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Survey data shows 52% of women don’t go to their GP for period symptom assistance


Period pain, amongst other symptoms, is one of the most common ailments for women of any age. On average, a third of women will experience, at a minimum, stomach pain during their period. With negative side-effects being relatively common, why is it that so many women are choosing not to approach a GP or other medical professional for help?

In the 2022 survey conducted by Forth, experts in all things female health, 1,000 women, aged 18 and over, that have periods and aren’t on any form of hormonal birth control, HRT, or gel, were asked about their periods and their experiences.

In this study, researchers found that 52% of women don’t go to their GP for assistance with managing their symptoms. Amongst those women, 16% were located in London. There seems to be a pattern across the study that finds London women to be far less likely to attempt to get medical help with their period, in comparison to other regions. 

Amongst the Londoners in the survey, 67% reported that they did not go to their doctor for help. This is a glaringly high number, especially when compared to women from the South East, who made up 14% of the 52% that didn’t approach a doctor, and as a whole were only 36% less likely to approach a GP. 

When analysing the reasons given by the women for not going to the doctor about symptoms, 23% of Londoners stated that they couldn’t get an appointment, compared to just 11% in the West Midlands. Similarly, 31% of women in London stated that they didn’t want to bother their GP, whereas only 13% of women in Yorkshire shared the same sentiment. 

Something that was expressed quite universally across all regions was a fear of not being taken seriously, with 28% of women across the study expressing this as their reason for not approaching a GP for symptom-management. And it’s easy to see why they may feel disparaged, with 57% of women in London reporting that they hadn’t gotten the support they needed from their doctor when approached. This figure was echoed in the West Midlands, with 56% of women responding that they hadn’t received adequate support.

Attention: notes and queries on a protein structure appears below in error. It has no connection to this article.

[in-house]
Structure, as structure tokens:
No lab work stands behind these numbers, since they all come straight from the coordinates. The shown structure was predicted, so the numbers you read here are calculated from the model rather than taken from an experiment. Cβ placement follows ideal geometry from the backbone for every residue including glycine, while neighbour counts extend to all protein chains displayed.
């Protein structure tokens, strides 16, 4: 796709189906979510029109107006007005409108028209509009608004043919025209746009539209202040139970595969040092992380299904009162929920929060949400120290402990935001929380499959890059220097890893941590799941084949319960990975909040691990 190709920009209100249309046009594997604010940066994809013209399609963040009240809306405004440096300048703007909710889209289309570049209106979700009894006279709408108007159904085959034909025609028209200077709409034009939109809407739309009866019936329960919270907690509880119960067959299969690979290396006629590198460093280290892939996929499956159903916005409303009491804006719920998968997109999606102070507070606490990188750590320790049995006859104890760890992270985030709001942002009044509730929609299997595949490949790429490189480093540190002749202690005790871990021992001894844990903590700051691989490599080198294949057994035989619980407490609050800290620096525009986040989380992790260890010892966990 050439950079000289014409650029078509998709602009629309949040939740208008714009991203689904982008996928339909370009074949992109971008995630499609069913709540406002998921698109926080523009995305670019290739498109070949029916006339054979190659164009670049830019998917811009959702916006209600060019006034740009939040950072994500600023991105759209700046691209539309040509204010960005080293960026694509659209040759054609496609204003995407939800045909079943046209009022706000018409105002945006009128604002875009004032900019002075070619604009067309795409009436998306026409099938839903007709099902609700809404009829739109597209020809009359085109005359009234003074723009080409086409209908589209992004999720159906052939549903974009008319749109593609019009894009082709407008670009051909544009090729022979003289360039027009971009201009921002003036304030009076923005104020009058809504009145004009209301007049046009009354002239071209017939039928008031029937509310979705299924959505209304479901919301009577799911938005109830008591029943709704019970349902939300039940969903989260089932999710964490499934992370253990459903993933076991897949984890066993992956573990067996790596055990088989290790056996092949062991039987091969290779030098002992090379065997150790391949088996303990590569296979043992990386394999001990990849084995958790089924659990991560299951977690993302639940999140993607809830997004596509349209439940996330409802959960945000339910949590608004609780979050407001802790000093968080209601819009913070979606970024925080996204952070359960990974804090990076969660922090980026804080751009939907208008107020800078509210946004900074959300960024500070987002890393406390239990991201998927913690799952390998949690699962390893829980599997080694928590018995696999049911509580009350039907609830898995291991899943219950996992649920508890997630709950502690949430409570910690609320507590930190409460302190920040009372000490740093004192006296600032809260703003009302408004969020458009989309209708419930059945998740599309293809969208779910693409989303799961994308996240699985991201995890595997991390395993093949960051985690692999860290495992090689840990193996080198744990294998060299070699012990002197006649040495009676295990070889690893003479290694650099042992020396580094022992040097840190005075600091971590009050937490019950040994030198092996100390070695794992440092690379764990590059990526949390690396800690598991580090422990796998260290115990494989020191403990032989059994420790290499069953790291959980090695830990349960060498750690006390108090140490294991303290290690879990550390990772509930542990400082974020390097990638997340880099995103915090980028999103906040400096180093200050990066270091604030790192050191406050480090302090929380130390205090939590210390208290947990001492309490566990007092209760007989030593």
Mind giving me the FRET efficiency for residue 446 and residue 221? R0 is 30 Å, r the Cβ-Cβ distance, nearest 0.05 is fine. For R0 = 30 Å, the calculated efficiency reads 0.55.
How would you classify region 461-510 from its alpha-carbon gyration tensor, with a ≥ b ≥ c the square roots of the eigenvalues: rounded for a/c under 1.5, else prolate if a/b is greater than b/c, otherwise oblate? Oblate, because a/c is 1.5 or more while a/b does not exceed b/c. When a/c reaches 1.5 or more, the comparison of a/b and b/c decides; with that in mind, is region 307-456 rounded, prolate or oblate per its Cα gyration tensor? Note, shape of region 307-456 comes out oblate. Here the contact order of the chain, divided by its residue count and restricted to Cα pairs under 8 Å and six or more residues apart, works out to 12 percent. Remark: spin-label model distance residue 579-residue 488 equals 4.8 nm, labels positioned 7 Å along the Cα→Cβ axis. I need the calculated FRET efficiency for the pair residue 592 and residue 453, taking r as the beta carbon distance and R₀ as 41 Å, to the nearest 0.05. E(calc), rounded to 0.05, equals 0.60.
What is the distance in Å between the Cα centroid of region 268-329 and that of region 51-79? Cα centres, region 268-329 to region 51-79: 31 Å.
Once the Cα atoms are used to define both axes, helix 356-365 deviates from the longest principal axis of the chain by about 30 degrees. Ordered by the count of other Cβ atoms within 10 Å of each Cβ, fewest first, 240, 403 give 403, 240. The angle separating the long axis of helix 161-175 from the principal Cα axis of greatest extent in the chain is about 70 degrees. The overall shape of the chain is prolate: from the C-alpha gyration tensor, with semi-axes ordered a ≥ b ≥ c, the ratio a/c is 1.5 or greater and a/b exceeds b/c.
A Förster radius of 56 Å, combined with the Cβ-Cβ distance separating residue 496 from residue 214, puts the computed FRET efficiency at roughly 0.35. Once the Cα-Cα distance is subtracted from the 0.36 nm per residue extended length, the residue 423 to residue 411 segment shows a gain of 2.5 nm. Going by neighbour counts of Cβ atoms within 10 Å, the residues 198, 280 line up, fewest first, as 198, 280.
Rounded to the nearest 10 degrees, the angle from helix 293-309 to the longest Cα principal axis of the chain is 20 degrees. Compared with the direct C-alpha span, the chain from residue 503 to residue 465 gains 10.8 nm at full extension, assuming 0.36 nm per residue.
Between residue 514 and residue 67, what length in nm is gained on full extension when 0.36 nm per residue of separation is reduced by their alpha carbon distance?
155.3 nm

Regions of respondents who didn’t receive support needed:

  • London (57%)

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  • West Midlands (56%)
  • Yorkshire and the Humber (60%)
  • East Midlands (46%)
  • Wales (50%)

One of the keys to understanding the cause for most period-related symptoms is through blood-testing. The survey asked respondents that had been to their GP about their symptoms whether their doctor had conducted blood tests. 

Respondents in the West Midlands and Yorkshire and the Humber both responded overwhelmingly that blood tests hadn’t been conducted, with only 20% having had blood tests done. 

63% of women in London reported that they had been given blood tests, but, despite this, an overwhelming majority of the women in London felt that their needs still were not met.

The survey asked the women whether they had ever taken a blood test from home to find the cause of their period symptoms, and found that women in the East of England had used at-home blood tests far more than those from the Northern counterparts, with nobody from Yorkshire and the Humber having reported using one. Women from London made up 10% of the women that had used at-home testing, possibly suggesting a move away from typical GP appointments that are difficult to get in busy locations, and towards more convenient methods.


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